Isaiah 3:10

Hebrew Bible

8 Jerusalem certainly stumbles, Judah falls, for their words and their actions offend the Lord; they rebel against his royal authority. 9 The look on their faces testifies to their guilt; like the people of Sodom they openly boast of their sin. Woe to them! For they bring disaster on themselves. 10 Tell the innocent it will go well with them, for they will be rewarded for what they have done. 11 Woe to the wicked sinners! For they will get exactly what they deserve. 12 Oppressors treat my people cruelly; creditors rule over them. My people, your leaders mislead you; they give you confusing directions. Source

Date: 7th-5th Centuries B.C.E. (based on scholarly estimates)

LXX Isaiah 3:10

Septuagint

8 because Ierousalem has been abandoned and Judea has fallen and their tongues are joined with lawlessness, being disobedient toward the things of the Lord; now therefore their glory has been brought low. 9 And the shame of their face has risen up against them; they have proclaimed their sin like that of Sodoma, and they have made it plain. Woe to their soul! Because they have given evil counsel against themselves, 10 saying, “Let us bind the just, for he is a nuisance to us.” Therefore they shall eat the fruit of their works. 11 Woe to the lawless one! Evil things will happen to him according to the works of his hands. 12 O my people, your exactors strip you clean, and your creditors lord it over you. O my people, those who congratulate you mislead you and confuse the path of your feet. Source

Date: 1st Century B.C.E. (based on scholarly estimates)

"... According to Barr many translators in antiquity were neither consistently literal nor consistently free in their way of translating but combined these two approaches in a rather inconsistent way. This image that Barr depicts of ancient Bible translations fits the Septuagint of Isaiah quite well. Also in this translation literal and free rendition are often closely and intricately intertwined. To make this rather technical exposition somewhat more concrete, let me now offer a few illustrations of rearranged texts in LXX Isaiah ..."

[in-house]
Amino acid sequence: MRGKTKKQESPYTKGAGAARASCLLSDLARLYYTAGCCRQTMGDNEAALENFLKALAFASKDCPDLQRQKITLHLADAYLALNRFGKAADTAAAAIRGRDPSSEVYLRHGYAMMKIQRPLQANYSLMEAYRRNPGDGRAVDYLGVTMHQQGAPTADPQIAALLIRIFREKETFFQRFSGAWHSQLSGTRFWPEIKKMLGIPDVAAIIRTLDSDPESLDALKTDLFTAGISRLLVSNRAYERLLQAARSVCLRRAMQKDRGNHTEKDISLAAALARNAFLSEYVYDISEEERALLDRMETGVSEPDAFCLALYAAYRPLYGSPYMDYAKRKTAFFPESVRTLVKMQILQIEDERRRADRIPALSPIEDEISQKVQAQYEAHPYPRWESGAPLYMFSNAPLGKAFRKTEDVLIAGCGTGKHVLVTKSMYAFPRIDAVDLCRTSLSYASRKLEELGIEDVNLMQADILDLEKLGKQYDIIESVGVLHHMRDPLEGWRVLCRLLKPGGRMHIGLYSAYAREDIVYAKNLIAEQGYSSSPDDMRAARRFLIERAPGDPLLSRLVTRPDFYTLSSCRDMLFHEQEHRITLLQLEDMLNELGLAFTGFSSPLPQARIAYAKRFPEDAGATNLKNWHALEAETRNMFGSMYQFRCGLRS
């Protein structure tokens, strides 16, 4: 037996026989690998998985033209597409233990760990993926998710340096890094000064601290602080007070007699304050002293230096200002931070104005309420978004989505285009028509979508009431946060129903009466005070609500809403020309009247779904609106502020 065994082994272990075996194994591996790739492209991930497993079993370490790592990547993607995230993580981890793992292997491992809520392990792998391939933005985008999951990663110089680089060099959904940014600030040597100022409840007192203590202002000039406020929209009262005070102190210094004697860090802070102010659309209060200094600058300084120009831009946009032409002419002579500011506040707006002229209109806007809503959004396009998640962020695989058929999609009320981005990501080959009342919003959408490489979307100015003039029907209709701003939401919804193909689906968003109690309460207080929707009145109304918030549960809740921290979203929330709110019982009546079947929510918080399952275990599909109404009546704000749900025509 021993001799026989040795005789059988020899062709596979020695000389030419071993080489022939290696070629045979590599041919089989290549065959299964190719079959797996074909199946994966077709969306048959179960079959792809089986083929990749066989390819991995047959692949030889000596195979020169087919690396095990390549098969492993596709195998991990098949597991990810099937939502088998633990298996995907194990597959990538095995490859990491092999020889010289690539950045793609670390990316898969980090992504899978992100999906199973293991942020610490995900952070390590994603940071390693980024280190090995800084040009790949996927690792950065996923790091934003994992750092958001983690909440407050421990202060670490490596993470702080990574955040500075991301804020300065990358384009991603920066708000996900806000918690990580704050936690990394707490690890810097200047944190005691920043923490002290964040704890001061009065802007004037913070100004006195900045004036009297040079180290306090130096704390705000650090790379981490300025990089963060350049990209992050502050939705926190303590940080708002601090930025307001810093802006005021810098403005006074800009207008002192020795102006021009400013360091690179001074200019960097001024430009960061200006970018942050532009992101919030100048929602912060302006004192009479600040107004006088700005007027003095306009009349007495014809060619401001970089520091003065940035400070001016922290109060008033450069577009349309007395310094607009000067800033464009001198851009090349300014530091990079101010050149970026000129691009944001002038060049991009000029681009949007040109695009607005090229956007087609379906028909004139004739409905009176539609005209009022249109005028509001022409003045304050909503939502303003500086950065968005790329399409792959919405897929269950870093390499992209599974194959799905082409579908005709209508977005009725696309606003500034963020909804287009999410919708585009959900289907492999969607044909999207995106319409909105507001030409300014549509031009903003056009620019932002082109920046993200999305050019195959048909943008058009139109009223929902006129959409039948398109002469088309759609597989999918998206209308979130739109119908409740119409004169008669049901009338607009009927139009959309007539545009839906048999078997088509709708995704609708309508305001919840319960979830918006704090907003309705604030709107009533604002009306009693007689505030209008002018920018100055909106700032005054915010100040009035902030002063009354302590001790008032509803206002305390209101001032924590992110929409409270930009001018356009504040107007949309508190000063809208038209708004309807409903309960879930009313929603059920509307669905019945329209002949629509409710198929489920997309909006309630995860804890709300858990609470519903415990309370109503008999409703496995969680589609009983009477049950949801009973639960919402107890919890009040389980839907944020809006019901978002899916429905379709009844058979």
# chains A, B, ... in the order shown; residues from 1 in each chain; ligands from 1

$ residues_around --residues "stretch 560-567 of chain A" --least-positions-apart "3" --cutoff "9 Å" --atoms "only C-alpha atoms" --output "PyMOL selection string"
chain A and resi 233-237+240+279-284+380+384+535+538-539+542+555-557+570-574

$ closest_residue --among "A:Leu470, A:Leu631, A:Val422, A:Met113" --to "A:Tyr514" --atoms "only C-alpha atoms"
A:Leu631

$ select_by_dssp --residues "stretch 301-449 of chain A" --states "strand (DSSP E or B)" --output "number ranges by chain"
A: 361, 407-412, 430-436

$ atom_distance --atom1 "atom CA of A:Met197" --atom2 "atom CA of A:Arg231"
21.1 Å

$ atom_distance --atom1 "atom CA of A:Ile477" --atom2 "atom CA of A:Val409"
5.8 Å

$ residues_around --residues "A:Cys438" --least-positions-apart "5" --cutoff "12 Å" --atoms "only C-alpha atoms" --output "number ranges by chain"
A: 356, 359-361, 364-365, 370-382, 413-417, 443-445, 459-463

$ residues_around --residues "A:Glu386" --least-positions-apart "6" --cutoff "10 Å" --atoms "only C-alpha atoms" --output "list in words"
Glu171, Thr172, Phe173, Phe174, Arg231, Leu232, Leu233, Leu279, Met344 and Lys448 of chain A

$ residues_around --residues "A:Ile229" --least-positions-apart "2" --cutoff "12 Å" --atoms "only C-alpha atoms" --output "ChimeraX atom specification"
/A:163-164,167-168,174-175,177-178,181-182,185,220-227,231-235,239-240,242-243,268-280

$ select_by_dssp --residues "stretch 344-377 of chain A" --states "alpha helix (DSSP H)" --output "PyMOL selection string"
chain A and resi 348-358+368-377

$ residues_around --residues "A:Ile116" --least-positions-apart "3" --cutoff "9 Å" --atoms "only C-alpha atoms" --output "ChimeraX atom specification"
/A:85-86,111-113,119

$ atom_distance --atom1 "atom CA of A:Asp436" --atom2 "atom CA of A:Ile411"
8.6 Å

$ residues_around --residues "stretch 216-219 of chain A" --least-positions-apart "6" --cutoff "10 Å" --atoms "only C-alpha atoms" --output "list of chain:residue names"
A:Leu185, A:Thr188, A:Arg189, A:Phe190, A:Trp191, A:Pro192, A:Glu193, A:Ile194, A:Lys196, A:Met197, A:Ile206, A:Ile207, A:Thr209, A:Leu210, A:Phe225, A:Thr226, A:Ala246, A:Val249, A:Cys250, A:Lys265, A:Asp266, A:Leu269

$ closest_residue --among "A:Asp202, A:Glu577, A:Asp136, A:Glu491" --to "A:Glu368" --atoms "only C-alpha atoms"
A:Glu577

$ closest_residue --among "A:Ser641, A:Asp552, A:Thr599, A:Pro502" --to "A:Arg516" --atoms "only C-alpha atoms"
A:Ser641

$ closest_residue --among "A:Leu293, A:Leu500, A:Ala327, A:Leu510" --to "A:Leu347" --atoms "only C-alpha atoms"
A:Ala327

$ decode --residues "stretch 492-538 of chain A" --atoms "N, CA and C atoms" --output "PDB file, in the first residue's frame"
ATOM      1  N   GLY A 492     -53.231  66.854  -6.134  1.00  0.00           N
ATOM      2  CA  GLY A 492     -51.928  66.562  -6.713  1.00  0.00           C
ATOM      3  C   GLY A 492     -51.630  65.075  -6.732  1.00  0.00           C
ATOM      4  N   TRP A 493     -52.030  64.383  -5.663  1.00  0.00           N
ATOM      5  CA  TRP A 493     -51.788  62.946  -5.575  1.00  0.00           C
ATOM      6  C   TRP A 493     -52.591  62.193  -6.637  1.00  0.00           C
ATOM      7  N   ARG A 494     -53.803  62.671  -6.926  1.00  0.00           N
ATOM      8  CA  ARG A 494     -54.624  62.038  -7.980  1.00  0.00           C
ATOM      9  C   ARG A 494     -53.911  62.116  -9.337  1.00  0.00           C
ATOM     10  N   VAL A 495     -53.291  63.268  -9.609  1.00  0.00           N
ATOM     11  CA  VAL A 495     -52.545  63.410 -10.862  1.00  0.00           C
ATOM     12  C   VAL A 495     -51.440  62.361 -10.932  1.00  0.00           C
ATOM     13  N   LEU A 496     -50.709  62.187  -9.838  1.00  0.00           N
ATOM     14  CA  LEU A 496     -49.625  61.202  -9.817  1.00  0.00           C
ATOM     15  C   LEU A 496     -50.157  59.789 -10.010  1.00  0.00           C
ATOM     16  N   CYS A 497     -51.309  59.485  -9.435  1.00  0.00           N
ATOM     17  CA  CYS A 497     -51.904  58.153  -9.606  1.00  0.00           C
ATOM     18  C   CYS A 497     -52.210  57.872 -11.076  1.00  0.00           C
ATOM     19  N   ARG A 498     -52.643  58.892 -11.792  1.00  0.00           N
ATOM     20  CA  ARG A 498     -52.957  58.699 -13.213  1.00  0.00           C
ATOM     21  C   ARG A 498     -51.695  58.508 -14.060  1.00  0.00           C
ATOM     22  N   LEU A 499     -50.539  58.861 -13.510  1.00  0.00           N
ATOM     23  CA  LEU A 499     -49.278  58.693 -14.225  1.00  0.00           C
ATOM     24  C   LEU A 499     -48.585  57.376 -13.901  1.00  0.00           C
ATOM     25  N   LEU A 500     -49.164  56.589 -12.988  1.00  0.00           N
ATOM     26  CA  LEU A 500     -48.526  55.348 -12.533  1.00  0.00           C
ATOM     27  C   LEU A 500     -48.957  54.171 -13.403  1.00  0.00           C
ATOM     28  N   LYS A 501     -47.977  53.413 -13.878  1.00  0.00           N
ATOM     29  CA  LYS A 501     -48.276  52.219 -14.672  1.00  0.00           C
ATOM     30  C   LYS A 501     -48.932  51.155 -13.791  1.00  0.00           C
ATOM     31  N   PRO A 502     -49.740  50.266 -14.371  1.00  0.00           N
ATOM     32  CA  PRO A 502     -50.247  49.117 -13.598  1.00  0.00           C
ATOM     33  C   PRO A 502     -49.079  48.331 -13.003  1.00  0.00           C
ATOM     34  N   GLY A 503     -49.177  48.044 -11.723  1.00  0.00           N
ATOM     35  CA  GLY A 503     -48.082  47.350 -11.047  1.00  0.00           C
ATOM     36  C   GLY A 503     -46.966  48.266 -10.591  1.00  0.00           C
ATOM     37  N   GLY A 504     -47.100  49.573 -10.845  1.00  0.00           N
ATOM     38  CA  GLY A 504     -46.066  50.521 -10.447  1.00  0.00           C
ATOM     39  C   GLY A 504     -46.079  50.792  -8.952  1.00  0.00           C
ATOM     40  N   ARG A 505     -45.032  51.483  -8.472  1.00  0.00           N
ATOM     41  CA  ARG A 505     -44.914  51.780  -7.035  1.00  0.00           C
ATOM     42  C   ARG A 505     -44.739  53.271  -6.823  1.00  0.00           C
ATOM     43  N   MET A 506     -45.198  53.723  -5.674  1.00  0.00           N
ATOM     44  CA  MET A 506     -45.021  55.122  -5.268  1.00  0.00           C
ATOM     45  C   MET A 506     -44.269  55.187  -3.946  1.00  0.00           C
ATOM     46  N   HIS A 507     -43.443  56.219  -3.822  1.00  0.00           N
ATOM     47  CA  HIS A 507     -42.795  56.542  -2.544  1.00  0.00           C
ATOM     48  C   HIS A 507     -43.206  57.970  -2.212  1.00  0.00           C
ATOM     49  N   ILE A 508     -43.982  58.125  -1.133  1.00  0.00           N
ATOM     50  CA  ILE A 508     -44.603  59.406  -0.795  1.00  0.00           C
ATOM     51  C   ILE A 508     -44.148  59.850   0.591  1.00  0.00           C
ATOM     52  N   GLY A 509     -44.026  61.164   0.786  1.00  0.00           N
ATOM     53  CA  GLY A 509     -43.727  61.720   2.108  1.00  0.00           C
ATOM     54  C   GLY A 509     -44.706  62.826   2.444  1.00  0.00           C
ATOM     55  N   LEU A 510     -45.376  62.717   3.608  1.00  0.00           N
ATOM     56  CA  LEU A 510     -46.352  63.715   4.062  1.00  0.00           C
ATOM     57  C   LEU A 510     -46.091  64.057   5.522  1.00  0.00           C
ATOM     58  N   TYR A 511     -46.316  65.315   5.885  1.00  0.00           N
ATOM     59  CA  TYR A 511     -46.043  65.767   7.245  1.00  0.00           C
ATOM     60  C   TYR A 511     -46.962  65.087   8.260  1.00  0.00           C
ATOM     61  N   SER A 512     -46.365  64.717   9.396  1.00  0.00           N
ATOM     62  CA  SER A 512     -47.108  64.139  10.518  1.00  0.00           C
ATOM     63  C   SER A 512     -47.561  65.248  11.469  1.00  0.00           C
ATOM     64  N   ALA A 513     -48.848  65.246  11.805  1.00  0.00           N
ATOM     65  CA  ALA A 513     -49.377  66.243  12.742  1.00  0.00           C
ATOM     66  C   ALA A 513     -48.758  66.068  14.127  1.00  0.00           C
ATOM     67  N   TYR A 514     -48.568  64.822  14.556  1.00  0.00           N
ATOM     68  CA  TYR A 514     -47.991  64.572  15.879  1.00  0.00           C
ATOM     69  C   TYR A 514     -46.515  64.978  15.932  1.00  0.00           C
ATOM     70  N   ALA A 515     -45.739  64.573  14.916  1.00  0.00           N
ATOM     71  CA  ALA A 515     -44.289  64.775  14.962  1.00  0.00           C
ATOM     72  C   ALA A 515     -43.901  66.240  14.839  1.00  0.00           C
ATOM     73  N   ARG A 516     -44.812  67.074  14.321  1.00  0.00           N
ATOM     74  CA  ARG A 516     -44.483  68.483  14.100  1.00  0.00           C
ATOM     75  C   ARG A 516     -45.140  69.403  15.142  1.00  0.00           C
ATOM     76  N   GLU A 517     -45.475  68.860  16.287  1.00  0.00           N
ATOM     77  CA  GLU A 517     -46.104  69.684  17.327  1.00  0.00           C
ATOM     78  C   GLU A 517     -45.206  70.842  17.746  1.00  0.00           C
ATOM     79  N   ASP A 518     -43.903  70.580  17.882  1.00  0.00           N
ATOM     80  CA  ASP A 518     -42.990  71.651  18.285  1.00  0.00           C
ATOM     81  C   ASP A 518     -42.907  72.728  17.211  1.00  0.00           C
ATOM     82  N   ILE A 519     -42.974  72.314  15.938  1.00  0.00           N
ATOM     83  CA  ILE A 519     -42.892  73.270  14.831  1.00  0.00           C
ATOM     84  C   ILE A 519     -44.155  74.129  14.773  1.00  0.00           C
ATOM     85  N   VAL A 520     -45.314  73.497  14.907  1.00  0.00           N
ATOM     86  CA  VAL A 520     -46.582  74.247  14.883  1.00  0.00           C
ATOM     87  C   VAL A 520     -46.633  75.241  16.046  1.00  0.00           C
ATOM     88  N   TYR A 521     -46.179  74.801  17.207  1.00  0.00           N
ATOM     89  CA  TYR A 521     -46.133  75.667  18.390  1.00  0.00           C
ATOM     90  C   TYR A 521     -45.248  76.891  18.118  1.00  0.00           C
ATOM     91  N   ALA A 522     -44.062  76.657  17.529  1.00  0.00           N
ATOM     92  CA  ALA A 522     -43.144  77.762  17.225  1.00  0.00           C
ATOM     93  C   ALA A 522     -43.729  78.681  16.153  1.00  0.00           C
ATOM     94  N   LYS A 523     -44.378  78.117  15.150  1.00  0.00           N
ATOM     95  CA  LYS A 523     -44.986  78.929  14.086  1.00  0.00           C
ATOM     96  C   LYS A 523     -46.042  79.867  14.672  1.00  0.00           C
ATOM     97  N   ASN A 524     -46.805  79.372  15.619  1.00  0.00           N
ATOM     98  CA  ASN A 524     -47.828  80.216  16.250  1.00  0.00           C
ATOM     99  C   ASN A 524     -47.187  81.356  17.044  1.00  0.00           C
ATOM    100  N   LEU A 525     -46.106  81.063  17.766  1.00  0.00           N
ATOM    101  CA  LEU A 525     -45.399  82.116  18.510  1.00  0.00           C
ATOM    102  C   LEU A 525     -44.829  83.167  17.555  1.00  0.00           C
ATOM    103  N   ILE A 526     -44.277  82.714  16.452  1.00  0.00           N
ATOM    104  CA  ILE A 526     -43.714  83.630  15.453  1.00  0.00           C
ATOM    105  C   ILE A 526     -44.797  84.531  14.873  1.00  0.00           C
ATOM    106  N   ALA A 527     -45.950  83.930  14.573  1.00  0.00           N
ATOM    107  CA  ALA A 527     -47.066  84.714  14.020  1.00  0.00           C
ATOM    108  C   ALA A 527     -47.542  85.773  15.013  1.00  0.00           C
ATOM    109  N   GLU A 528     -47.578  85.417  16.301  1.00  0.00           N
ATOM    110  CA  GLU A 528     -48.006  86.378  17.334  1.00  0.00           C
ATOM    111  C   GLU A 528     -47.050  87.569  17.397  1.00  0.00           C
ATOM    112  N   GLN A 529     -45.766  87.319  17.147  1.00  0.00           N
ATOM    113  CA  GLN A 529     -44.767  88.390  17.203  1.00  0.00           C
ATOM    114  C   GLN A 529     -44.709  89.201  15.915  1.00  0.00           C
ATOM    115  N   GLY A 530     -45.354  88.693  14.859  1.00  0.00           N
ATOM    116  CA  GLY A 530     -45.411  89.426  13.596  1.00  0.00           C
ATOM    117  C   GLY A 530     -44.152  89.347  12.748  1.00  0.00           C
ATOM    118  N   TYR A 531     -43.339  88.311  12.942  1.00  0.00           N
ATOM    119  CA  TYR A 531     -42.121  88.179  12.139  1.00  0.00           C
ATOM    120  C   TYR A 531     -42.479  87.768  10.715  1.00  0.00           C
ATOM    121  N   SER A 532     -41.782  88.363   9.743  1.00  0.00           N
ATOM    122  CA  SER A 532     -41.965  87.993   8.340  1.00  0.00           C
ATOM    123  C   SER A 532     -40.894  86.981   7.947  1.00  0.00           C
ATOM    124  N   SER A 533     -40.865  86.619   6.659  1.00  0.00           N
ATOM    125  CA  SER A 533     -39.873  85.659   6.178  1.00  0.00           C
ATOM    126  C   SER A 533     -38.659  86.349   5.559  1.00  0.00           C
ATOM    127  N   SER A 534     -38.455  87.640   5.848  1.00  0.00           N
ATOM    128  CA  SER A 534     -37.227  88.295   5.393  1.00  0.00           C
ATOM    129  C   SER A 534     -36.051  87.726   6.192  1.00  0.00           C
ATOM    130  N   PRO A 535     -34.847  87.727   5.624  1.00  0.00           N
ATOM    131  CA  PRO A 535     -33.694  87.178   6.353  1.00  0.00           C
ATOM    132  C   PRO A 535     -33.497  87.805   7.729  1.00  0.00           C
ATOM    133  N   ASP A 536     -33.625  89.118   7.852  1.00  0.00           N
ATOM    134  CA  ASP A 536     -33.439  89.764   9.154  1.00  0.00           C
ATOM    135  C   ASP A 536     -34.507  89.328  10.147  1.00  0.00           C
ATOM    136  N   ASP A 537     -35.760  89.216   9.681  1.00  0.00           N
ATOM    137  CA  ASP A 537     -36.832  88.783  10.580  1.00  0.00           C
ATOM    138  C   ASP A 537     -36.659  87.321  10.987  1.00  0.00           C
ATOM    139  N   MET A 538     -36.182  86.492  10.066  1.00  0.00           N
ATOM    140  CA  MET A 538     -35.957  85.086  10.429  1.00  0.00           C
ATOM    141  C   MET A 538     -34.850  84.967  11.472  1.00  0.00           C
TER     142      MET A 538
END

Vorm-Croughs, Mirjam van der The Old Greek of Isaiah: An Analysis of its Pluses and Minuses (p. 23) Society of Biblical Literature, 2014

* The use of references are not endorsements of their contents. Please read the entirety of the provided reference(s) to understand the author's full intentions regarding the use of these texts.

"... According to Barr many translators in antiquity were neither consistently literal nor consistently free in their way of translating but combined these two approaches in a rather inconsistent way. This image that Barr depicts of ancient Bible translations fits the Septuagint of Isaiah quite well. Also in this translation literal and free rendition are often closely and intricately intertwined. To make this rather technical exposition somewhat more concrete, let me now offer a few illustrations of rearranged texts in LXX Isaiah ..."

Vorm-Croughs, Mirjam van der The Old Greek of Isaiah: An Analysis of its Pluses and Minuses (p. 23) Society of Biblical Literature, 2014

* The use of references are not endorsements of their contents. Please read the entirety of the provided reference(s) to understand the author's full intentions regarding the use of these texts.